In April of 2012 thirteen cases were brought before the Tribunal de Grande Instance de Paris, against the state of France, for police racial profiling during identity checks. Those cases were recently rejected by the Paris court on October 2, 2013. Intent to appeal, as far as the European Court of Human Rights, has been voiced by plaintiffs’ lawyers.
The judgment stated that, “a person who considers an identity check abusive must prove the action was a gravely serious offense”. The court concluded that these identity checks were not against the law. Under the French criminal procedure code, police stop and search powers are broad. There is not often record of these stops however, because written reports of identity checks by police officers are not mandatory and in “none of these 13 cases, did the police stop result in any criminal proceedings.” (open society foundation)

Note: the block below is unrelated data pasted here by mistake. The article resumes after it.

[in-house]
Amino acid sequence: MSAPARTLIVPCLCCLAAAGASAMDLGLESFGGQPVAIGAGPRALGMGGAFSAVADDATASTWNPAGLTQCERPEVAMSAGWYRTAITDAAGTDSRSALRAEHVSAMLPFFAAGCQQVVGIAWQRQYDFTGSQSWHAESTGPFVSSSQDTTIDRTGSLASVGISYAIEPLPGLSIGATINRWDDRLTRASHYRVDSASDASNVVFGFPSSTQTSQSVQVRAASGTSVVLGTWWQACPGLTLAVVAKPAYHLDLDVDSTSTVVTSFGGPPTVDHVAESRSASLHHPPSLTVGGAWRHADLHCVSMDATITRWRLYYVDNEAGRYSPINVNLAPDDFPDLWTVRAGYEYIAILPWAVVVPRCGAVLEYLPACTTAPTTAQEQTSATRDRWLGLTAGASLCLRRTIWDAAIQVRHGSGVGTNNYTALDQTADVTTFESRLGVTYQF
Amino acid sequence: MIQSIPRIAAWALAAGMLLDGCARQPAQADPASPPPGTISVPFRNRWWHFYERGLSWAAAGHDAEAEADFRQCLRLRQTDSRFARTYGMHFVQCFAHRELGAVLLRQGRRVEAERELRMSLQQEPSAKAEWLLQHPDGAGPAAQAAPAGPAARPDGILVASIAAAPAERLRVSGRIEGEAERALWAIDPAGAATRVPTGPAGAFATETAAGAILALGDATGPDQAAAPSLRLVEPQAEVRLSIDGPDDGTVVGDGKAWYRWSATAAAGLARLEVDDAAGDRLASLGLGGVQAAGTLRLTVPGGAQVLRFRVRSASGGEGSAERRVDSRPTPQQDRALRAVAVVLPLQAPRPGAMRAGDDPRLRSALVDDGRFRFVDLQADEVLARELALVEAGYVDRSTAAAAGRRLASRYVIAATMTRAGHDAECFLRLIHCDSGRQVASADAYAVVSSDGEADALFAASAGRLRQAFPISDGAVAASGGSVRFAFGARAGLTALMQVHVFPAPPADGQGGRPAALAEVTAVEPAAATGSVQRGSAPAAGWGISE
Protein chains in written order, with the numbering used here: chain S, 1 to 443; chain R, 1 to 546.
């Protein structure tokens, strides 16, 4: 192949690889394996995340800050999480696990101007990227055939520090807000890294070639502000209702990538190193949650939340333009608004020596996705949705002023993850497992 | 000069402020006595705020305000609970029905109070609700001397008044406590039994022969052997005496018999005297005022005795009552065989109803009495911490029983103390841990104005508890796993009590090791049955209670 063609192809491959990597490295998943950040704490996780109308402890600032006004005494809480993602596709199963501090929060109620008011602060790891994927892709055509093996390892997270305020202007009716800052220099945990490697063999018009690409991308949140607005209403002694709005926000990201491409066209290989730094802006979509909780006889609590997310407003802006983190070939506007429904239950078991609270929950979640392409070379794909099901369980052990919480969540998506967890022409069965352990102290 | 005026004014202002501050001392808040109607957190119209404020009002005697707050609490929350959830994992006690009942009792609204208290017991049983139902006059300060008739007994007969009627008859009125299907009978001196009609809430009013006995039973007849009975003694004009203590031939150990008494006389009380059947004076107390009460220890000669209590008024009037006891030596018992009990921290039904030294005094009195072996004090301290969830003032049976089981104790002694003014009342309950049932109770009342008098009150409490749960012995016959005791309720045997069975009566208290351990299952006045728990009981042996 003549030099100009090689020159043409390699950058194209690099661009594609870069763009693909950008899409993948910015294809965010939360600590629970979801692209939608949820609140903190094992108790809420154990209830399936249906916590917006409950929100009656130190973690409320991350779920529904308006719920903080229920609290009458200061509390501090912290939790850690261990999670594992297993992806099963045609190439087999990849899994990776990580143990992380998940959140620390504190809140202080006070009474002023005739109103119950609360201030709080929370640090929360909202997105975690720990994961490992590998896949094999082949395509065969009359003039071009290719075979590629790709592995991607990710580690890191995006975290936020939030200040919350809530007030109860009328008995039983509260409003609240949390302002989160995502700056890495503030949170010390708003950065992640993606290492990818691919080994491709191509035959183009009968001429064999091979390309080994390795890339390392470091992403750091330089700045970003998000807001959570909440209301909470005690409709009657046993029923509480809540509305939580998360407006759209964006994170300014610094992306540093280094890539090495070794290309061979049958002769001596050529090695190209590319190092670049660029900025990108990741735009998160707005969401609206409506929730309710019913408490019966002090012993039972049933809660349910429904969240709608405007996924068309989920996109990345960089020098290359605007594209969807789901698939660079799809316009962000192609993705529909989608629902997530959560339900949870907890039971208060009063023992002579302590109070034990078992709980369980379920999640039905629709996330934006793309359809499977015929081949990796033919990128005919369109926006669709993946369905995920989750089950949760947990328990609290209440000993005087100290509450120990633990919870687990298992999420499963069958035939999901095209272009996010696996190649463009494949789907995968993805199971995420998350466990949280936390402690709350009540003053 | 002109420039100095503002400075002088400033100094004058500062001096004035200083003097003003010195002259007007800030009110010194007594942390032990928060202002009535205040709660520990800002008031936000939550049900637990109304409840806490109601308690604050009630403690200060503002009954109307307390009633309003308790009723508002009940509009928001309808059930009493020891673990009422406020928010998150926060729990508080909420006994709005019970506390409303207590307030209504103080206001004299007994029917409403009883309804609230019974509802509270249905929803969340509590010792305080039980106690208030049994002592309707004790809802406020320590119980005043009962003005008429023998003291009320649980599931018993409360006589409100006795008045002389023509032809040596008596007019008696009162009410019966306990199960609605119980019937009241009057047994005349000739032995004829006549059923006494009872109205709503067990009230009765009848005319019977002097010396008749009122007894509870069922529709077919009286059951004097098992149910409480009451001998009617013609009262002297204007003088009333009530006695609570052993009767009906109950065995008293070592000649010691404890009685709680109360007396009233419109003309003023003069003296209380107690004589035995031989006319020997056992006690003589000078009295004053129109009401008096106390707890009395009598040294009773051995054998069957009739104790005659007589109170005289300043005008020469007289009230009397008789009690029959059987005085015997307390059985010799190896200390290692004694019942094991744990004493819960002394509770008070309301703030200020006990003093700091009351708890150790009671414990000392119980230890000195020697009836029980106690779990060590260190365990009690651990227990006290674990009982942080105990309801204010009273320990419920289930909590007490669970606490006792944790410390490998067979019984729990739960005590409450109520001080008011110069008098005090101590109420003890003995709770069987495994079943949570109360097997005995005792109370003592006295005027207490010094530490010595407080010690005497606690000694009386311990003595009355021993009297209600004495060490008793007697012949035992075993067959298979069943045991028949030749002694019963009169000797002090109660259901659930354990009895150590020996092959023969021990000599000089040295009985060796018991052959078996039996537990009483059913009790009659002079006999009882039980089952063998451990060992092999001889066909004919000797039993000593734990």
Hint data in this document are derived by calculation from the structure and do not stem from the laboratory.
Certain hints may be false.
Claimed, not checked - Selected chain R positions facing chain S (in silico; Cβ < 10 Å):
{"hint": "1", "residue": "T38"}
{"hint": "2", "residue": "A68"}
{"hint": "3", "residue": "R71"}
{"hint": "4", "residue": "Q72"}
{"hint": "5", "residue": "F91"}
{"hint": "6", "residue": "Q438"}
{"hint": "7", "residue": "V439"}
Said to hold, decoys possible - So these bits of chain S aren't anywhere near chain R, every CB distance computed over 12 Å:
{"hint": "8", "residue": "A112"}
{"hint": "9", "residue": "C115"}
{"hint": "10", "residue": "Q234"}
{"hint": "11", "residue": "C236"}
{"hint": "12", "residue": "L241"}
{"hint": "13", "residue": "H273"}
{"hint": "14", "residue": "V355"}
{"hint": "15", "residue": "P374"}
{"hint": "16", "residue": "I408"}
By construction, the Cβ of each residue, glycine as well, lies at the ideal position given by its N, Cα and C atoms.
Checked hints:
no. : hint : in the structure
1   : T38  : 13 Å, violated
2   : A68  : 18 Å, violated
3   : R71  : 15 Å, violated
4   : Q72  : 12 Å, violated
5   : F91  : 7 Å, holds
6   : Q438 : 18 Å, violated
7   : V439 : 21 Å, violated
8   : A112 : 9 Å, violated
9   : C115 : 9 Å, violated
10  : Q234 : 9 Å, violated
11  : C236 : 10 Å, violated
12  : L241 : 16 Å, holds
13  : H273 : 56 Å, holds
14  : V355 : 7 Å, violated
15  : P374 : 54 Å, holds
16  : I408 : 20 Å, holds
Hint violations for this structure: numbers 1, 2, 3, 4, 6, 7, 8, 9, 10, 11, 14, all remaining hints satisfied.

Anti-racism groups, like the Open Society Foundation, claim that routine discrimination in France doesn’t stop with the police force. Judith Sunderland of Human Rights Watch said, “The court was, de facto, affirming that France can ignore international norms.” (apnews). A priority question of constitutionality challenge is being made to the Conseil Constitutionnel involving ethnic profiling practice violations under the French constitution and the European Convention of Human Rights.
Public complaints of racial profiling by police forces are not limited to France, as similar criticisms are being heard in the United States and Germany. Specifically, The New York Police Department has received attention for its controversial stop and frisk policies. Should France hold its police department to stricter stop and search practices? Do you believe racial profiling exists to the extent claims suggest? Or are statistics, showing a higher stop pattern of minorities, correctly reflective of the groups of people responsible for crimes?